Nearly 400 students gathered in the Alfred Lawson Jr. Multipurpose Center and Teaching Gymnasium to celebrate graduating from Florida A&M University (FAMU) Aug. 3.
As the ceremony began, students and guests patiently awaited hearing the highly anticipated speaker, FAMU alumna Mareena Robinson Snowden, Ph.D. The Miami native received a Presidential Scholarship and earned a bachelor’s degree in physics from FAMU. In 2017, she became the first African-American woman to earn a doctorate in nuclear science and engineering from the prestigious Massachusetts Institute of Technology (MIT). Her doctoral research and history-making academic accomplishments have garnered national attention.
Snowden began her speech by telling the Class of 2018 that they have what it takes to be successful.
“My goal is to tell you the truth as I know it, a truth that will hopefully communicate how uniquely prepared you are, as a Rattler, to win in this new chapter,” said Snowden.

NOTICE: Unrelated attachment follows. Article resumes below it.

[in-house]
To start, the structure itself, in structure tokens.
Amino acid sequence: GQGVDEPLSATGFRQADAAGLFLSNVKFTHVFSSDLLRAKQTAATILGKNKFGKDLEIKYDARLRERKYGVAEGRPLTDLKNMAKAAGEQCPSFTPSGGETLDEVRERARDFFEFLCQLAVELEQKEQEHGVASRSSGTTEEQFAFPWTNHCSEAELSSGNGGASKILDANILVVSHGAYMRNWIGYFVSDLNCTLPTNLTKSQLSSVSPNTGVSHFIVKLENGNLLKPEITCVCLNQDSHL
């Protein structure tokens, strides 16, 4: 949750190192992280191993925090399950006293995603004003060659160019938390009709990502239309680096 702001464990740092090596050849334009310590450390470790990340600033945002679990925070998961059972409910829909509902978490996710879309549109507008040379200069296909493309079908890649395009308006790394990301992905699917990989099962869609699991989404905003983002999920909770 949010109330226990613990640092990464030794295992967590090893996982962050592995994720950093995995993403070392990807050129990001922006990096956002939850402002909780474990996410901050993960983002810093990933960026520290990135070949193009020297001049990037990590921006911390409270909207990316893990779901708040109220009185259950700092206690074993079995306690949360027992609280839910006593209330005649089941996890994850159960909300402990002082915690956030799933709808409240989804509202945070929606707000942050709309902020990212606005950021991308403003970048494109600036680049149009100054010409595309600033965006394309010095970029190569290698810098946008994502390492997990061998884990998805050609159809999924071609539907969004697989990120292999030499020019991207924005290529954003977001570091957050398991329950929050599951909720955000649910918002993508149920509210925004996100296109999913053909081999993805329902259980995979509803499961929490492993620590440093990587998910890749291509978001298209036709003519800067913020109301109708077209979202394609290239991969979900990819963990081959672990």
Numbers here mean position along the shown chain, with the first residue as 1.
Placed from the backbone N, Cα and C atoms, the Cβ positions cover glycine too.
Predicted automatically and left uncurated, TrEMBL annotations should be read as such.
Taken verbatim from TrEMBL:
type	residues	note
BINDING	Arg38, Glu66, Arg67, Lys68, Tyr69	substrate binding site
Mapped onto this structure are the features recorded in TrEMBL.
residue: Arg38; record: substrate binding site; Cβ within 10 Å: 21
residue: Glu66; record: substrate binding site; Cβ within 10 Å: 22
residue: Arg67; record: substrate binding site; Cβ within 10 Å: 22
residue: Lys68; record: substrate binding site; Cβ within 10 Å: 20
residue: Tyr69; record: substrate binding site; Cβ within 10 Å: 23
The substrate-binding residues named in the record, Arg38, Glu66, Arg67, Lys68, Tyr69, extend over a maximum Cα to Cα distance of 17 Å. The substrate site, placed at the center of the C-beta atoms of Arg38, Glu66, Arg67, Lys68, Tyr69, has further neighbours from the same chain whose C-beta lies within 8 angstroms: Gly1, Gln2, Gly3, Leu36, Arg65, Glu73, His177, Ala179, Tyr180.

Snowden works as the Stanton Nuclear Security Fellow at the Carnegie Endowment for International Peace in Washington, D.C. Her research interests include nuclear arms control verification, nonproliferation and modernization issues.
She encouraged and challenged the new FAMU alumni to look at themselves through their new roles. “You are those problem solvers,” said Snowden. “You are graduating from FAMU with skills that are relevant to the problems we are facing today, but beyond your skills, you have a lived experience that allows you to look at these grand challenges with new eyes.”
During the ceremony, two national leaders were also recognized for their contributions to the advancement of society. Lt. Col. David E. Pollard, Sr., a FAMU alumnus, received an honorary doctorate (posthumously) and Sheila A. McClure, Ph.D., received an honorary doctorate.